Friday, January 4, 2008

The Lamborghini Countach, part 7

In 1975, Walter Wolf, a wealthy Canadian businessman and owner of the Wolf F1 Racing team in the 1970s, purchased an LP400; however, he was not satisfied with the LP400's engine and asked Dallara, the chief engineer of Lamborghini at that time and the founder of the Italian F1 racing team Scuderia Italia in the early 1990s, to create a special high-power version of Countach. It was the "code NO 1120148" Walter Wolf special with the original "5" engine from the Countach prototype which produced 447 hp / 7900 rpm and reached a supposed maximum speed of 315 km/h (195.7 mph). This model also featured the upgraded wheels, Pirelli P7 tires, large fender flares, and front and rear spoilers of the LP400S model. It was painted in red, with black fender flares, and was designated "LP500S" like the standard Countach model from the 1980s, and was the stepping stone that led to this later production model. This first Walter Wolf car is currently located in Japan. Two other Wolf Countaches were produced, one painted blue, NO 1120202 (currently in Germany) and one navy blue, NO 1121210. (This machine was owned by Mr. Wolf for a long time, but was eventually sold.)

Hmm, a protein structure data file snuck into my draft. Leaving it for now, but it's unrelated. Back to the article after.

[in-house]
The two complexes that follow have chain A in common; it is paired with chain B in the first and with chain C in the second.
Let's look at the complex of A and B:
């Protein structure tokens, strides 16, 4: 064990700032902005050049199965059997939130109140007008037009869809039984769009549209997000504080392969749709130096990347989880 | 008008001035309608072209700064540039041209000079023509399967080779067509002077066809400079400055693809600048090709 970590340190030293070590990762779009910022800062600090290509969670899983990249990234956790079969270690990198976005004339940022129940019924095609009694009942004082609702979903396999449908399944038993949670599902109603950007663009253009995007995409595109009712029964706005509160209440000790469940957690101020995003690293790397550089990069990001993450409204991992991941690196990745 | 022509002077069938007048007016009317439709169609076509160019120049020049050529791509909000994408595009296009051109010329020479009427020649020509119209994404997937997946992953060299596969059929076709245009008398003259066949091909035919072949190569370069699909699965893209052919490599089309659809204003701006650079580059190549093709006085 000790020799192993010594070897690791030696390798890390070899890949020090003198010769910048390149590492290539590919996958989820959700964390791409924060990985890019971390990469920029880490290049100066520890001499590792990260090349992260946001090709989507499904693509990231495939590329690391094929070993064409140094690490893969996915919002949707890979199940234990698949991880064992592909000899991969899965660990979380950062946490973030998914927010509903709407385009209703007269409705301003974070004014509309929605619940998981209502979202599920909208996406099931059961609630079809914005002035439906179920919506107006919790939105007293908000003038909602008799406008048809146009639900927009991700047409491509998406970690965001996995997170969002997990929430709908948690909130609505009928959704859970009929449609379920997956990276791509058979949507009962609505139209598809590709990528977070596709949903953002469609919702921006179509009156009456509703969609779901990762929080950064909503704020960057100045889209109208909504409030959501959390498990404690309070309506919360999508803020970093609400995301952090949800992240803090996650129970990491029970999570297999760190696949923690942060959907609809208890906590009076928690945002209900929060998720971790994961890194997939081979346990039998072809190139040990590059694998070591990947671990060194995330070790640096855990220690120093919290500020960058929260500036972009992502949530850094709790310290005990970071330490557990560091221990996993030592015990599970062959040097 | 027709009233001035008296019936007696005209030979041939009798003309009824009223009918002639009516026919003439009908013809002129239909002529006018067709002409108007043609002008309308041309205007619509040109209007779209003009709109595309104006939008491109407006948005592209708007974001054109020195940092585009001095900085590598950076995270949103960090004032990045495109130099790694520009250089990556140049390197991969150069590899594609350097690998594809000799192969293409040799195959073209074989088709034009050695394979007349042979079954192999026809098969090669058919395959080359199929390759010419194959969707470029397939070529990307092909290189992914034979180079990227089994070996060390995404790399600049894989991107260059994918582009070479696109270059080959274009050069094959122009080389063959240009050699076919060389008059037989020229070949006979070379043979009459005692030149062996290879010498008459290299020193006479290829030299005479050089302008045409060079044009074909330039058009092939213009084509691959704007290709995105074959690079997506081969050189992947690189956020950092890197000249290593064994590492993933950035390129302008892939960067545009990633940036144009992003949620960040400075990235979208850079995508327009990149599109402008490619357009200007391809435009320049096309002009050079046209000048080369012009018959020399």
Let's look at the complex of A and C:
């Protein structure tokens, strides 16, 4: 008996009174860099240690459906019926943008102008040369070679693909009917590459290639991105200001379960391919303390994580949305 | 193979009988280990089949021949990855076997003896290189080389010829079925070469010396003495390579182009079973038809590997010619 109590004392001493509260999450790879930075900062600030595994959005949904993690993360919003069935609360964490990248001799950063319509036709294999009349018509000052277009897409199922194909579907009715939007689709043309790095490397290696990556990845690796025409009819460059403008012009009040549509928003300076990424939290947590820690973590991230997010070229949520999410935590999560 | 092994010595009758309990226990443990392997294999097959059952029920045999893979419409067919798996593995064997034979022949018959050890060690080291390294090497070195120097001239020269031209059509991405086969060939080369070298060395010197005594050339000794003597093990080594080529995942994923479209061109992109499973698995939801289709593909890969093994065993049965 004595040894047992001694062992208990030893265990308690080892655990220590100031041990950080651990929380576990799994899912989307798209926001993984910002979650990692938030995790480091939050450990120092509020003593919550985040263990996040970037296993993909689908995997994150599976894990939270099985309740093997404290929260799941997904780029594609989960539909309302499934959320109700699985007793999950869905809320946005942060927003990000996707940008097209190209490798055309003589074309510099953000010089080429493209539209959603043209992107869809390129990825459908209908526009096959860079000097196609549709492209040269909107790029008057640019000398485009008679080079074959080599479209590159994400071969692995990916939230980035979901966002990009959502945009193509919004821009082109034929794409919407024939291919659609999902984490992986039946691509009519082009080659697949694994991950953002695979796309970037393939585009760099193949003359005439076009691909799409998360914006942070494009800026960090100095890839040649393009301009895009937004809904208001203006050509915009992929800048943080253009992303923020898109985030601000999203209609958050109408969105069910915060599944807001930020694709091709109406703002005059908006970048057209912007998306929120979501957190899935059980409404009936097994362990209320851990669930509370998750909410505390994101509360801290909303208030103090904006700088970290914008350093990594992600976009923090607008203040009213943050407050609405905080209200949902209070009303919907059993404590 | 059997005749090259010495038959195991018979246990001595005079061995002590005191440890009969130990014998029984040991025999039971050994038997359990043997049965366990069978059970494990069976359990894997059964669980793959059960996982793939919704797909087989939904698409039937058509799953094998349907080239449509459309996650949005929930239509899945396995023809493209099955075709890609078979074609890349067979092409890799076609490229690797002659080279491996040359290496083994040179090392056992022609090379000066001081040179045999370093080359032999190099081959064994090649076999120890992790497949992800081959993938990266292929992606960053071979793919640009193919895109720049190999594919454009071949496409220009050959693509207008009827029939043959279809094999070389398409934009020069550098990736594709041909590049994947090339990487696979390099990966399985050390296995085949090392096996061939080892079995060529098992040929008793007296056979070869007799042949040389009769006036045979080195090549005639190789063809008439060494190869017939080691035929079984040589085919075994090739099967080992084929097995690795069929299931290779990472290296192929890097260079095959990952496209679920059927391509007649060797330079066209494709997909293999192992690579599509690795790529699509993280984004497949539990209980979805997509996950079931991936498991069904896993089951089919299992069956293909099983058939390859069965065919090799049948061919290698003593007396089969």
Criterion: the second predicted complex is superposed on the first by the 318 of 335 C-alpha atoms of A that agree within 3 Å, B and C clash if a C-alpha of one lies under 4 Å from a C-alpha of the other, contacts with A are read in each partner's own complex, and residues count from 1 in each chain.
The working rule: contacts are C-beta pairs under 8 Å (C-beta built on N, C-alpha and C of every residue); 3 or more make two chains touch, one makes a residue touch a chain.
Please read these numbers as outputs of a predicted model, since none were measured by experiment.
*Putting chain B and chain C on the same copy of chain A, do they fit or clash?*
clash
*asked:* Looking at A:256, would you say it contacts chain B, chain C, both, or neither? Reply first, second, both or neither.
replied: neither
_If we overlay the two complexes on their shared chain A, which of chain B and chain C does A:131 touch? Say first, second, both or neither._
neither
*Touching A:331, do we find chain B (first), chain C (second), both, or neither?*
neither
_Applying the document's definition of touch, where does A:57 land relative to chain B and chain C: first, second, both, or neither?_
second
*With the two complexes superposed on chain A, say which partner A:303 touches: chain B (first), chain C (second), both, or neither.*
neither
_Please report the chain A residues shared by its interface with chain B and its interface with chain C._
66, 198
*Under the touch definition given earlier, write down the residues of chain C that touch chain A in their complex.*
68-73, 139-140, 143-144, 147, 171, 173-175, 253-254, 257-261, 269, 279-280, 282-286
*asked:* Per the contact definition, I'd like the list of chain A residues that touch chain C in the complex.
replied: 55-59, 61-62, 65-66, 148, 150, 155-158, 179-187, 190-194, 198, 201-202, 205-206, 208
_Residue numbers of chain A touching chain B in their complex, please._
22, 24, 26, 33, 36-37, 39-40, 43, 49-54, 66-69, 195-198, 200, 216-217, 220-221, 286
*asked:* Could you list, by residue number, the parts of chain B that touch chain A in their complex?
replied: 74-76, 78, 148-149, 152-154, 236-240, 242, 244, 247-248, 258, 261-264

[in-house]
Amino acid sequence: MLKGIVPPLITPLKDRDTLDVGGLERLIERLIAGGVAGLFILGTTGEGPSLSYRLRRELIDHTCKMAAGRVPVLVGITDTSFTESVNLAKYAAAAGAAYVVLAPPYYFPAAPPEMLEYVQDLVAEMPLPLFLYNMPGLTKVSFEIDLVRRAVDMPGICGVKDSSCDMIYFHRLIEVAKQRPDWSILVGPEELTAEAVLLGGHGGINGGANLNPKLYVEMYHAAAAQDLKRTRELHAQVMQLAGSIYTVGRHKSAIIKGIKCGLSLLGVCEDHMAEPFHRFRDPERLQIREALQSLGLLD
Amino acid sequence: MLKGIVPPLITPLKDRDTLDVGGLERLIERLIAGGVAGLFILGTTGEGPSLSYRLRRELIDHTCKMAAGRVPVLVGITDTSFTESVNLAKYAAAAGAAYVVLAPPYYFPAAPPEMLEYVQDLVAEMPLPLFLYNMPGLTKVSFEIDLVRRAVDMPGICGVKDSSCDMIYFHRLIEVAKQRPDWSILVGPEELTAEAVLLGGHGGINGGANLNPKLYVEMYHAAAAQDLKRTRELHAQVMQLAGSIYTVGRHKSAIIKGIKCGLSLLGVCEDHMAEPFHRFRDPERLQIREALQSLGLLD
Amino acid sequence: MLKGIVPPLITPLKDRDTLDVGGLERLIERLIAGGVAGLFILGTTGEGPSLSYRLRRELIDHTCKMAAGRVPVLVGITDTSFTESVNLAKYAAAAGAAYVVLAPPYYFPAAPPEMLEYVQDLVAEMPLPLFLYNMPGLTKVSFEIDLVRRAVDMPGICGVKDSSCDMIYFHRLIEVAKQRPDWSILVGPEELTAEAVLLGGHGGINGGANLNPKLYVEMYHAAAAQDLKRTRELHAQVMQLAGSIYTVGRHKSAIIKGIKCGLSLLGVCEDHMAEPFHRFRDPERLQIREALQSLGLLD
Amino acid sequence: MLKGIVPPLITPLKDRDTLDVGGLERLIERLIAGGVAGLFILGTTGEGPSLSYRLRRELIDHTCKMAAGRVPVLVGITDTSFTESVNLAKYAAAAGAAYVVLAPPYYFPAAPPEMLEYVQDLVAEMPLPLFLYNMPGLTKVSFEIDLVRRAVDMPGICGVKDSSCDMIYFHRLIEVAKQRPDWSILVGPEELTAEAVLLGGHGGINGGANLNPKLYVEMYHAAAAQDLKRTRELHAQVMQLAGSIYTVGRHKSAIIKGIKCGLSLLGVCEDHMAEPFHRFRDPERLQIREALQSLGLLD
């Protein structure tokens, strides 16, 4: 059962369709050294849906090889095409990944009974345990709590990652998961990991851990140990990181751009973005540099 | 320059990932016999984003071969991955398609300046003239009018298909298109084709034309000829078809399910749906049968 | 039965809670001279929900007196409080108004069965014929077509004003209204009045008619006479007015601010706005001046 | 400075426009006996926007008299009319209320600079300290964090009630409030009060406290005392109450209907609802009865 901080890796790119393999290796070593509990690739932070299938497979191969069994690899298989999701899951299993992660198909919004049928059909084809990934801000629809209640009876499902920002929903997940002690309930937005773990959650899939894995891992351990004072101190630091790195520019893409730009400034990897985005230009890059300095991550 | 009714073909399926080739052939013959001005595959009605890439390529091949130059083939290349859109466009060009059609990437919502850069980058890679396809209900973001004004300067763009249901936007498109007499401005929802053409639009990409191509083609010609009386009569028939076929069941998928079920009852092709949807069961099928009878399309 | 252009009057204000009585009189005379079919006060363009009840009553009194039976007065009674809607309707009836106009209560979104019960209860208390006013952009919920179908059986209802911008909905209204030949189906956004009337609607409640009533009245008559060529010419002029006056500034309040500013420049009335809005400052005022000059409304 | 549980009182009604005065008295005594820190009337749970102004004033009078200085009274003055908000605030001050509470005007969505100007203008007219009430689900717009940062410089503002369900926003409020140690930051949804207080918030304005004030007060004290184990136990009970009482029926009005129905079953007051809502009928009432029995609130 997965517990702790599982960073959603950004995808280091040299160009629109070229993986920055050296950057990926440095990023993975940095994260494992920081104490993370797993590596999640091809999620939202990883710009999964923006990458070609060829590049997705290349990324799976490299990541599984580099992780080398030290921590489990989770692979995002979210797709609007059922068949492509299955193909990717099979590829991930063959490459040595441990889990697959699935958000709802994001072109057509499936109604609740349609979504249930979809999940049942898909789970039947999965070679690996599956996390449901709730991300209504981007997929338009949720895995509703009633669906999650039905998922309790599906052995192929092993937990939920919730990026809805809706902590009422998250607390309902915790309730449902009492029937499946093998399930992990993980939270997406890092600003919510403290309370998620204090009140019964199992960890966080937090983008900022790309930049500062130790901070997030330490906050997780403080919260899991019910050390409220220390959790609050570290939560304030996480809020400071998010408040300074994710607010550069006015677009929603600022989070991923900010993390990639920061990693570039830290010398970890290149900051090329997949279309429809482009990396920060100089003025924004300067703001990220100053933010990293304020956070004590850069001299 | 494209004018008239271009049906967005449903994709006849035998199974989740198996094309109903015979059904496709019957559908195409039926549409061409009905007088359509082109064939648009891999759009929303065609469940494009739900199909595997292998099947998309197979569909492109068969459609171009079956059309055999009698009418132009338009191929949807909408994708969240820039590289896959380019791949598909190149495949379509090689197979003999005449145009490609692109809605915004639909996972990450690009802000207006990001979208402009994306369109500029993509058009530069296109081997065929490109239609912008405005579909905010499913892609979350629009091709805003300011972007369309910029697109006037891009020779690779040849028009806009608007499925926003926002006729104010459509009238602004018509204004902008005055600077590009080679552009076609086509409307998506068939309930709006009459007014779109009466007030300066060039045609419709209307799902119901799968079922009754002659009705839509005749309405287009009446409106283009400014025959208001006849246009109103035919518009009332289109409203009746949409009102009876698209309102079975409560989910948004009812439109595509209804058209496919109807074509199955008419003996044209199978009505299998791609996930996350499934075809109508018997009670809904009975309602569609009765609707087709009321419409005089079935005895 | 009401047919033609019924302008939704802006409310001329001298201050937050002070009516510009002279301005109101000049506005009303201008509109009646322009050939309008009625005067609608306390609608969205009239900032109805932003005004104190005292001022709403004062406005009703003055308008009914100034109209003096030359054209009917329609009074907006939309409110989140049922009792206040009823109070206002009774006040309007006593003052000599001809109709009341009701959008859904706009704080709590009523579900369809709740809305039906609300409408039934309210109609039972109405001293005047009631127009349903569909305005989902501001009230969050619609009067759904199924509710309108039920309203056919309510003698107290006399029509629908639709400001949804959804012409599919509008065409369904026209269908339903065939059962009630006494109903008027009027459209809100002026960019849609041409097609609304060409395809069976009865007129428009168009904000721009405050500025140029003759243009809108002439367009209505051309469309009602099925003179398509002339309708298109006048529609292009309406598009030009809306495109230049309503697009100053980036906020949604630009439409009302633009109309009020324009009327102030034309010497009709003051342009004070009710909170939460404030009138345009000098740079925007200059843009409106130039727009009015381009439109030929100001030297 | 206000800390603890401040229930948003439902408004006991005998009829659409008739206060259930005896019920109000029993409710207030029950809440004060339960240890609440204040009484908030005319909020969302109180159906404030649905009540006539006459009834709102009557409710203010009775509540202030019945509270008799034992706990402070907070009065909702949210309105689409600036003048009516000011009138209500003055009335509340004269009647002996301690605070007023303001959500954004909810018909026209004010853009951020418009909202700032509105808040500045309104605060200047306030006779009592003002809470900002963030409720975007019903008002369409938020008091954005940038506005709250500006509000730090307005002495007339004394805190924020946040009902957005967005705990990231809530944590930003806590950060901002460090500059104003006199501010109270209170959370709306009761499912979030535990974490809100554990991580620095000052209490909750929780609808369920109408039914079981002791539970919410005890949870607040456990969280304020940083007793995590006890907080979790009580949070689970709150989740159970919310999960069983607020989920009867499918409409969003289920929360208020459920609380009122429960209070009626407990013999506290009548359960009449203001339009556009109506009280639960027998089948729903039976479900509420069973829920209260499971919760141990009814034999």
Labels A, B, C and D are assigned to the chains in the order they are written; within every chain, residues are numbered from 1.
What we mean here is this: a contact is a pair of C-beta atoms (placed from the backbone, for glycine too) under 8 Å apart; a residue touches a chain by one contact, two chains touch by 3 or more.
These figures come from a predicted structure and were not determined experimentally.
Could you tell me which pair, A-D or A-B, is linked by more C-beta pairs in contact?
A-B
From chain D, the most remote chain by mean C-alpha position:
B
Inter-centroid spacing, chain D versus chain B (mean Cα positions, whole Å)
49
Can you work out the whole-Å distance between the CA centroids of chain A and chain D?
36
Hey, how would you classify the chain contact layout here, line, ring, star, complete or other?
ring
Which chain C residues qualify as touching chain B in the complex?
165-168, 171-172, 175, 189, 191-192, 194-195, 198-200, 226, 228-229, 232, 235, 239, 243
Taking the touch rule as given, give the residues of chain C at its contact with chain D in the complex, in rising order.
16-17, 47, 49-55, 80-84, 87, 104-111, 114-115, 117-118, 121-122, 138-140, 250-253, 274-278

In 1984 Rod Ladret of Ladret Design Studio located in Alberta Canada began producing and marketing a replica of the Countach. The form for the kit was sculpted from plaster and then a fiberglass mold was made of the form. The kits and cars Ladret design Studio built included a tube frame chassis with an American V8 power plant. Ladret Design Studio built 141 of these replicas and the industrial clients who purchased his fiberglass forms have built several thousand over the past two decades. As of 2007 there are still several companies building kits based on Ladret's forms built in 1984. In 1993 Ladret ceased manufacturing the Countach replica and moved on to other projects.

From around 1985 until the late 1990s several companies replicated the Countach to various degrees of success. In 1985, Gary Thompson and Pete Jackson hired a real Countach from an up-market Manchester car hire company and took a glass fiber mold of it. This mold resulted in a number of UK-based manufacturers producing their own Countach replicas. A few were able to produce remarkably good replicas, including Paul Lawrenson of Prova Cars, Sienna Cars, Phil Cheetham of Mirage replicas, and Brightwheel replicas. Ultimately, none of these companies survived.

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